However in a negative command, it is not right to say 가지 않아요!  A negative command or suggestion uses an auxilliary verb 마-ㄹ (ma-l), an L-extending verb.  As such to say don’t go would be:

  • 가지 마세요 (Gaji maseyo, drops ㄹ when followed by consonant) used with esteemed person
  • 가지 말아요 (Gaji marayo)
  • 가지 마십시오 (Gaji mashipshiyo) honorific formal style – command
  • 가지 마십시다 (Gaji mashipshida) honorific formal style  – suggestion, note that removal of 십 will make the statement very authoritative.

Long Negatives

Previously, I have posted the use of prefixes 안 (an) and 못(mot) to negate a verb.   When i was reading the book on this lesson, it says that there is another way to negate verb which is called long negatives.  This is done using the following:

  • plain base+지 않아요 or
  • plain base+지 못해요

To illustrate how this is done below are examples:

Q: 기타를 치세요?
Kitareul chiseyo?
Do you play guitar?

A: 아니오, 기타를 치지 못해요
Aniyo, kitareul chiji mothaeyo
No, I don’t know how to play guitar.

Q: 한나 씨, 언니가 결혼했어요?
Hannashi, unnika kyeolhonhaessoyo?
Hanna, is you sister married?

A: 아니오, 언니는 결하지 않아요.
Aniyo, unnineun kyeolhaji anhayo.
No, my sister is not married.

So long negative form uses suspective form of verb. 

Unlike the short negative, 못 occurs both in descriptive and processive verbs.  In short negative 못 cannot be used with descriptive verb so  못 좋아요 (mot chuayo – does not like) cannot occur 좋다 being a descriptive verb. However, this can be said 좋지 못해요 (choji mothaeyo).

Below is a comparison of short and long negative form of verb, the only difference between these two is that the long negative is already a phrase.

Base Meaning Short Negative Long Negative Past Tense
read 안 읽어요 읽지 않아요 읽지 않았어요
come 안 와요 오지 않아요 오지 않았어요
write 안 써요 쓰지 않아요 쓰지 않았어요
심심하 feel bored 안 심심해요 심심하지 않아요 심심하지 않았어요

Short negatives is not commonly used when verb has 3 or more syllables, long negative form is more approriate to use. As such, the word above in red is not likely to occur. Short negative is not likely used as well for complex verb form such as -고 싶.  Therefore 안먹고 싶어요 (anmokko shipoyo – doesn’t want to eat) is an awkward expression, this is rather expressed as 먹고 싶지 않아요 (mokko shipji anhayo).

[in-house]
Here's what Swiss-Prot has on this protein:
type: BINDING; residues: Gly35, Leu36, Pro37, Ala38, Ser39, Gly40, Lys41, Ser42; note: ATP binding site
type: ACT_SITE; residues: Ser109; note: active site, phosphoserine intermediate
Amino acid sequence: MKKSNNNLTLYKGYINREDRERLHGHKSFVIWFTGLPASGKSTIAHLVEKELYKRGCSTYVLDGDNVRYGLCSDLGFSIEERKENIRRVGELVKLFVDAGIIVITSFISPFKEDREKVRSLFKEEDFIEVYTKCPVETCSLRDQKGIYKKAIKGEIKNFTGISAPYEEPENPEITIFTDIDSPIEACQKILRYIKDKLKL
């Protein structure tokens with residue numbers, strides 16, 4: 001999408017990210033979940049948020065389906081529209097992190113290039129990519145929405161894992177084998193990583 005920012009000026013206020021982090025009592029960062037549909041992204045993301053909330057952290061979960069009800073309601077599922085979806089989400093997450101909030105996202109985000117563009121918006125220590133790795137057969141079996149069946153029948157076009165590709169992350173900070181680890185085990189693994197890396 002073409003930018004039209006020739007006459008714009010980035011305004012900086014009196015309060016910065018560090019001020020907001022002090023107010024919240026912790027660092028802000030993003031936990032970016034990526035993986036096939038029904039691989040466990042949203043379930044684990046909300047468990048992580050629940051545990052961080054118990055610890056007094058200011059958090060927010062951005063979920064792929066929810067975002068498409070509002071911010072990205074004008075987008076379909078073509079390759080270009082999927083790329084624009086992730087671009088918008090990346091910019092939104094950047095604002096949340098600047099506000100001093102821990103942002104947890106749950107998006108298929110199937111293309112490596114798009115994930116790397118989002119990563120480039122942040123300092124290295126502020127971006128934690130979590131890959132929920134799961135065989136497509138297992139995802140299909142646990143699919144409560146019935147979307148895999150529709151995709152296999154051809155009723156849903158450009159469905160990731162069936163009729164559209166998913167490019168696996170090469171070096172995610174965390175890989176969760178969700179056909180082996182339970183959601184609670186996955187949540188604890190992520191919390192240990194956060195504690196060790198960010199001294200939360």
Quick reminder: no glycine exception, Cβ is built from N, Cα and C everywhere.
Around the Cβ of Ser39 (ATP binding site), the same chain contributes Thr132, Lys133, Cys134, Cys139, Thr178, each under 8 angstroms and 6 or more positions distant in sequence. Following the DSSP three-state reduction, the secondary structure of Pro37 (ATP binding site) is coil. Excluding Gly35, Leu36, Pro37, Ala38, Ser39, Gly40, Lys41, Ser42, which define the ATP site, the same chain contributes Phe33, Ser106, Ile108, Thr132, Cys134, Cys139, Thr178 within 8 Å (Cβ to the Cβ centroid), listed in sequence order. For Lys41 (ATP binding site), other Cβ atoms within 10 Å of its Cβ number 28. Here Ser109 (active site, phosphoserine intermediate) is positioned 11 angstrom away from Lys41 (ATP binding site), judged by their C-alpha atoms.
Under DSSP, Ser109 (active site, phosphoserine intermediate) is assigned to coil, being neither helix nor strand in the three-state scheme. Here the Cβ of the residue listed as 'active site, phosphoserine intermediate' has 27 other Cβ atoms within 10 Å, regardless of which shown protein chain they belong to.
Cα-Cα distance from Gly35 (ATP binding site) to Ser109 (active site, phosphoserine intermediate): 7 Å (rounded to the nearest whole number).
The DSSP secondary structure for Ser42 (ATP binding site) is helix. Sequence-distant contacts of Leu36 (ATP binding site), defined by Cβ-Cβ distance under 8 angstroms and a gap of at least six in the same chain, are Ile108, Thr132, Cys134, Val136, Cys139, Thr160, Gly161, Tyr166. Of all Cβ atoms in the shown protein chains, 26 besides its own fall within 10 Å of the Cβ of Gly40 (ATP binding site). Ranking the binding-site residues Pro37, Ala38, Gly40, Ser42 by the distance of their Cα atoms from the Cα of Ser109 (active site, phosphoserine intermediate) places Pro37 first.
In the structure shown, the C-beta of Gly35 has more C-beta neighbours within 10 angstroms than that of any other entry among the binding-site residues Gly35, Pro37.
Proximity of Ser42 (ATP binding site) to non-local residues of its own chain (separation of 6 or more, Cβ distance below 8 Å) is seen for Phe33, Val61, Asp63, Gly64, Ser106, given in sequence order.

Negating a Verb – The Short Form

I just learned how to form a negative verb…the short way and i am just about to find out how is it done the long way.  These words easily turn verb into negative:

  • 안 (an…)  – this is derived from the word 아니오 (ani-o) or 아니 (a-ni)
  • 못 (mot…) yes its mot not ‘mos’ while ㅅ is equivalent to the sound of letter s, when its a final consonant it is not released (swallowed as the book says) so its sound is ㅌor ‘t’ instead.  However if its followed by a verb that start with i or y sound then it is pronounced at niy or nny.

So how is 안 different from  못? the first one simply means none, not and the latter tends to be more emphatic as in cannot, not possible or absolutely cannot.  Example:

  • 잘 안 자요 (jal an jayo) – means not able to sleep well
  • 잘 못 자요 (jal mot jayo) – means cannot sleep well

From the example above you will notice that this words are placed immediately before the verb regardless if the verb is formed by adding ~하.  So you won’t say 좋아 안해요 (chuha anhaeyo –> if you want to say don’t like) instead it should be 안 좋아해요 (an chuahaeyo).

The example below sets the difference in tone of the statement as you use 안 or 못.

  • 커피를 안 마셰요 (kopi-reul an masyo-yo) this means ‘don’t drink coffee’
  • 커피를 못 마셰요 (kopi-reul mot masyo-yo) would mean ‘ can’t drink coffee’

The first states the person is not drinking the coffee while the second one is more applicable when one cannot drink coffee simply because the person is not allowed or does not like coffee.

Another difference is that 못 cannot be used before a descriptive verb like 예쁜 (yeppeun which means pretty), 기쁜 (gippeun which means glad or pleased), etc.